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Actress Shannen Doherty shared via Instagram this month that her breast cancer has spread to her brain. Doherty, 52, was first diagnosed with breast cancer in 2015. She underwent a mastectomy and received chemotherapy and radiation treatment. In 2017, she announced she was in remission.

Her cancer, however, returned in 2020 as stage 4 and she has continued to post publicly about her cancer journey ever since.

“On January 5th, my scan showed Mets in my brain,” Doherty recently posted on Instagram.



Brain metastases occur in approximately 10%-15% of women with stage 4 triple-negative or HER2 positive breast cancer, according to Dr. Peter Forsyth, chair of the Neuro-Oncology Program at Moffitt Cancer Center. In some cases, the breast cancer metastasizes directly to the brain; in others, the breast cancer metastasizes to another area of the body — such as the lungs, liver or bones — before it reaches the brain.

While many assume a condition like Doherty’s is brain cancer, it is not. The distinction between brain cancer and brain metastases lies in where the cancer originated. In this case, the cancerous cells started in the breast.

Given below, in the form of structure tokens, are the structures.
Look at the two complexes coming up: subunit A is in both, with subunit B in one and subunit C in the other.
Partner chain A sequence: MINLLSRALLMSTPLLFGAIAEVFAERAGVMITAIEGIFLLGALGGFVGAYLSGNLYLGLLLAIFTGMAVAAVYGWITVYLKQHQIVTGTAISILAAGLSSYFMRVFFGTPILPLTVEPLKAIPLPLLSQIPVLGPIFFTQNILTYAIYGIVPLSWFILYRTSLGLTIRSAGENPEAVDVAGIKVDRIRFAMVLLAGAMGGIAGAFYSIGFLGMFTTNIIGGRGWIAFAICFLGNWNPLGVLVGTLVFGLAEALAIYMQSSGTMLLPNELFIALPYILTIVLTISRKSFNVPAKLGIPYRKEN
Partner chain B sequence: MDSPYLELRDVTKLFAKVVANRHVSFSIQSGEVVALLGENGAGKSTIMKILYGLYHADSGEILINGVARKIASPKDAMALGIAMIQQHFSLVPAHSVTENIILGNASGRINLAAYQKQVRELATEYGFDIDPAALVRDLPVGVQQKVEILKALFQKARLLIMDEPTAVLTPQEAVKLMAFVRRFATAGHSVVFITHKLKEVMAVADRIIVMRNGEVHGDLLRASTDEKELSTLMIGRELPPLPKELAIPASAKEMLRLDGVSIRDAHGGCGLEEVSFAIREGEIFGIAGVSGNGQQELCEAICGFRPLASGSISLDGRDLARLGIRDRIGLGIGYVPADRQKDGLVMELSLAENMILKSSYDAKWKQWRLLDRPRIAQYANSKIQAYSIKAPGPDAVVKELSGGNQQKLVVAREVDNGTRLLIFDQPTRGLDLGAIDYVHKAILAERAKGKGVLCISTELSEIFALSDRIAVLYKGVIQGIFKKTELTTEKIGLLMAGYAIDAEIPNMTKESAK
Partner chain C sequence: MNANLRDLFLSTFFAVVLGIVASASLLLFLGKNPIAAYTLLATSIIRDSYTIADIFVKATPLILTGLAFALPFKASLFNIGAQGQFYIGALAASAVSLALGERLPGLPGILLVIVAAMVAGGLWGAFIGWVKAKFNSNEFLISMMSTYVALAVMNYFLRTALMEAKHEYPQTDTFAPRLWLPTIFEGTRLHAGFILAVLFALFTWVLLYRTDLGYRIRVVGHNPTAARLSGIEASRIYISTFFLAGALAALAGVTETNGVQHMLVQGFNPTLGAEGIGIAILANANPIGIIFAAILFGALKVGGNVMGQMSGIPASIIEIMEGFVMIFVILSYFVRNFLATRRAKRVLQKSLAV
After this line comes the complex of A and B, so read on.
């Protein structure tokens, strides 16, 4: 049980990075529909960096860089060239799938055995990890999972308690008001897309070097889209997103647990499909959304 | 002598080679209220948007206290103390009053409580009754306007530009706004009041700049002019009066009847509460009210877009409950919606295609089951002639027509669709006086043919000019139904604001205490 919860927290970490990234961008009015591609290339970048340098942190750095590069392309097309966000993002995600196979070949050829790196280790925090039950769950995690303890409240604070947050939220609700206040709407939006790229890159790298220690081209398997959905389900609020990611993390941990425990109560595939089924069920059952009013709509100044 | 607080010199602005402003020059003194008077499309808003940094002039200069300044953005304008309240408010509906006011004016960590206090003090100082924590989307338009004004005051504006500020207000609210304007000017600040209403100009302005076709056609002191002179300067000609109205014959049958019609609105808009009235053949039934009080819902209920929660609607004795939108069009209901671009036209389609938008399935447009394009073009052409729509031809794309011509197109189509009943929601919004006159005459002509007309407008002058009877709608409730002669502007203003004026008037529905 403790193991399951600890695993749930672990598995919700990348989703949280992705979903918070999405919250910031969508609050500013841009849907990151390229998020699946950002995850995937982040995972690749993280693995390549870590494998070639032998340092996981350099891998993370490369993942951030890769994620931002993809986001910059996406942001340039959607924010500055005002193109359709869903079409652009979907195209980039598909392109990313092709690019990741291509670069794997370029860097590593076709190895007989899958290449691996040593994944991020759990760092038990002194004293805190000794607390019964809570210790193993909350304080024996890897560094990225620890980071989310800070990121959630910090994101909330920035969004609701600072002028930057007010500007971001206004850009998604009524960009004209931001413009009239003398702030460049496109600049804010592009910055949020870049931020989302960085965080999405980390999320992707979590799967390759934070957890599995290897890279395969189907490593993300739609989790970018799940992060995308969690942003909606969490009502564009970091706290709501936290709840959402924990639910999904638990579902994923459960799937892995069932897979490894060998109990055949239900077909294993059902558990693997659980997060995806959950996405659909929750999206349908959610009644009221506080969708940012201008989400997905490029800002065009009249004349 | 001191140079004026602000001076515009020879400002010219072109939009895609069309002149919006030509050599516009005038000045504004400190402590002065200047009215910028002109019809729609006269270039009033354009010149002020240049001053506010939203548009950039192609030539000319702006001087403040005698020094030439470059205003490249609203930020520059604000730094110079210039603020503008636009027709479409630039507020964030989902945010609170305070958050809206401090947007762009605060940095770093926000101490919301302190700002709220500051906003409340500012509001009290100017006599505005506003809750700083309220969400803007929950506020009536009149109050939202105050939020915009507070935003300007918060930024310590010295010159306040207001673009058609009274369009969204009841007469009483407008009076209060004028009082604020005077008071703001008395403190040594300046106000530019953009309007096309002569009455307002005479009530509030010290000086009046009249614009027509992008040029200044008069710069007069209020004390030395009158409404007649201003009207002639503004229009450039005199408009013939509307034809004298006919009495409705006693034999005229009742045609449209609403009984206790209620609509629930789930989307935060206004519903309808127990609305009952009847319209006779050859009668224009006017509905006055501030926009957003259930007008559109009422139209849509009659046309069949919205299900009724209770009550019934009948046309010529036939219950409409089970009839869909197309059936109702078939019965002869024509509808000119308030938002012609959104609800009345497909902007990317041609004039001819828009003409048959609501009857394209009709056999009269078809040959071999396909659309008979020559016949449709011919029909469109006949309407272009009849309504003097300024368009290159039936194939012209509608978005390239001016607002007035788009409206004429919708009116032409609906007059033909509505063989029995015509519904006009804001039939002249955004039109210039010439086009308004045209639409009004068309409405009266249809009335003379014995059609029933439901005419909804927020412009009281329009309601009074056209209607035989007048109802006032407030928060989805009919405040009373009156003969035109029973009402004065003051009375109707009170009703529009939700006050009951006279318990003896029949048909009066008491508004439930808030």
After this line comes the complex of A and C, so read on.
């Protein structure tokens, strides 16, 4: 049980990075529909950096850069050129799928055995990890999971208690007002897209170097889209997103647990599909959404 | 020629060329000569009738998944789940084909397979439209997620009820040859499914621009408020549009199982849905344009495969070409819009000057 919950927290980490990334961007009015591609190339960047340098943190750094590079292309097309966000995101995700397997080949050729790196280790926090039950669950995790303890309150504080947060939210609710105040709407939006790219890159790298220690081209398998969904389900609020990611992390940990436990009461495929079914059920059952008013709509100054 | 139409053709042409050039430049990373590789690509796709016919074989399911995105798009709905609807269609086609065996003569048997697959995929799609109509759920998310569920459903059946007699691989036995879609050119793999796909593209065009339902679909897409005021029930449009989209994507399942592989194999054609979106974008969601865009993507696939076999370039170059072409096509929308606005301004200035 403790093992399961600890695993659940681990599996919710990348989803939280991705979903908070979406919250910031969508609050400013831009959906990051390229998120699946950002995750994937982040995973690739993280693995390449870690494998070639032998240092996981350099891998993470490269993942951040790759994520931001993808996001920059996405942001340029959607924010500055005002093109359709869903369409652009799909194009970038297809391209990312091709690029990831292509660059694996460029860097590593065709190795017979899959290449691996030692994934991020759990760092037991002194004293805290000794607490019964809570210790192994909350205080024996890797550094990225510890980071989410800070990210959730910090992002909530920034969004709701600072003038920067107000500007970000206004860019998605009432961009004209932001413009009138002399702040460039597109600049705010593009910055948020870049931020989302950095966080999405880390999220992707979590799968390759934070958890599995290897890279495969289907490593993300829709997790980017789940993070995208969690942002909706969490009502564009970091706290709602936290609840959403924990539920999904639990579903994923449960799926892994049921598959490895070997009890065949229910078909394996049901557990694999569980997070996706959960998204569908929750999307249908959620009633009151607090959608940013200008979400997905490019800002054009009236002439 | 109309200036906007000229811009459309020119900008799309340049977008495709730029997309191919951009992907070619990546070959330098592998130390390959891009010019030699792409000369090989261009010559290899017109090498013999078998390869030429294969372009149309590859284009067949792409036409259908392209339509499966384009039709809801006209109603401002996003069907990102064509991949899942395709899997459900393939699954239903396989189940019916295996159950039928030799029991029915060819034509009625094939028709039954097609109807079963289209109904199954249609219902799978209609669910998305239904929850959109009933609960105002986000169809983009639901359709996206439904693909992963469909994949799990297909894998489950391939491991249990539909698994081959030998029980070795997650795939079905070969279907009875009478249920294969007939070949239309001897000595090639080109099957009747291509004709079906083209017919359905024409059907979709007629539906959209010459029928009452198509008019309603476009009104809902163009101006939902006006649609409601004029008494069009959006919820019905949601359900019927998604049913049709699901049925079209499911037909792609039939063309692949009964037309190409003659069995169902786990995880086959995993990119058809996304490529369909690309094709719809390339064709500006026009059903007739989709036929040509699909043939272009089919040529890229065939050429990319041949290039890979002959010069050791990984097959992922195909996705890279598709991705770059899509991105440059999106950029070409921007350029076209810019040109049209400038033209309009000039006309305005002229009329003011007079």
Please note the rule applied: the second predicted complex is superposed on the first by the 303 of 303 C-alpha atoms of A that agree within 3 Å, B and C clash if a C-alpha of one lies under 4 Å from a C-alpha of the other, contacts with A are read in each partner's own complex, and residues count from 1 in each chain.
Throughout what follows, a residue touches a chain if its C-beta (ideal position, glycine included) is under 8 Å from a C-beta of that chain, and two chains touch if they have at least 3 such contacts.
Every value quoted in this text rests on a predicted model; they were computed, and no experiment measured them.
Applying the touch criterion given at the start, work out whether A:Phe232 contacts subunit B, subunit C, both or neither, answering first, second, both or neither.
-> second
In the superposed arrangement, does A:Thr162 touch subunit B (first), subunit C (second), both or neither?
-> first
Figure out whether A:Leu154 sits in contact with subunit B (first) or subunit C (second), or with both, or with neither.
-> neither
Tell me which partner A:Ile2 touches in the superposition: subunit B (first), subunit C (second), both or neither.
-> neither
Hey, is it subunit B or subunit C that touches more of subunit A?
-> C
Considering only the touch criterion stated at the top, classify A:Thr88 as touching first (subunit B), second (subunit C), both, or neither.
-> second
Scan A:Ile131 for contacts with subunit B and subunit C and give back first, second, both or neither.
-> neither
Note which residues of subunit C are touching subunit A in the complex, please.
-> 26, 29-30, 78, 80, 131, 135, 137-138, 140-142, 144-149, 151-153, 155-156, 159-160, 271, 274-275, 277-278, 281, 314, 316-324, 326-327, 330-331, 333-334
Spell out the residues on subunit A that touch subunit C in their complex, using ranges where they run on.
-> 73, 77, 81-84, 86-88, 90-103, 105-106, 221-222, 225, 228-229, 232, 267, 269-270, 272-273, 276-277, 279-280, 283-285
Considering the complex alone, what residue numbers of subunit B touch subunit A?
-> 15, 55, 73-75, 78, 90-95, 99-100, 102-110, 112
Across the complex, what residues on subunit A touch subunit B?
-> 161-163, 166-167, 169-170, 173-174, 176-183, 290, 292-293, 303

Treatment for this type of breast cancer metastasis varies but typically involves MRI scans and possibly a biopsy to confirm the diagnosis, Forsyth said.

While life expectancy for this type of cancer diagnosis is short, there is hope on the horizon, thanks to clinical trials and ongoing research. Moffitt launched a using a groundbreaking breast cancer specific dendritic cell vaccine to treat this subset of patients. The vaccine is administered in the brain and spinal fluid space of the brain that is often difficult to access. 

So far, the trial involves the introduction of the cancer into mice that have been cured by the dendritic cell vaccine.

“They won’t take,” Forsyth said of the cancer cells. “This suggests a secondary benefit of the therapy and indicates a one-and-done type of treatment.”

Forsyth’s lab is investigating the delivery of this immune cell therapy into the fluid space of the brain and spinal cord to treat melanoma with high expression of HER3.

This new trial is a fantastic opportunity to take our work from the lab to the clinic and try to make a difference.
Dr. Peter Forsyth, chair of Moffitt's Neuro-Oncology Program

“This new trial is a fantastic opportunity to take our work from the lab to the clinic and try to make a difference. The opportunity to give hope to these patients is important,” Forsyth said.

This is not the first time Doherty has shared a diagnosis directly via social media. In October 2021, she posted a selfie of herself lying in bed with a shaved head and a nosebleed. She said she hopes her posts help raise awareness and possibly save lives.

“I hope I encourage people to get mammograms, to get regular checkups, to cut thru the fear and face whatever might be in front of you,” she said.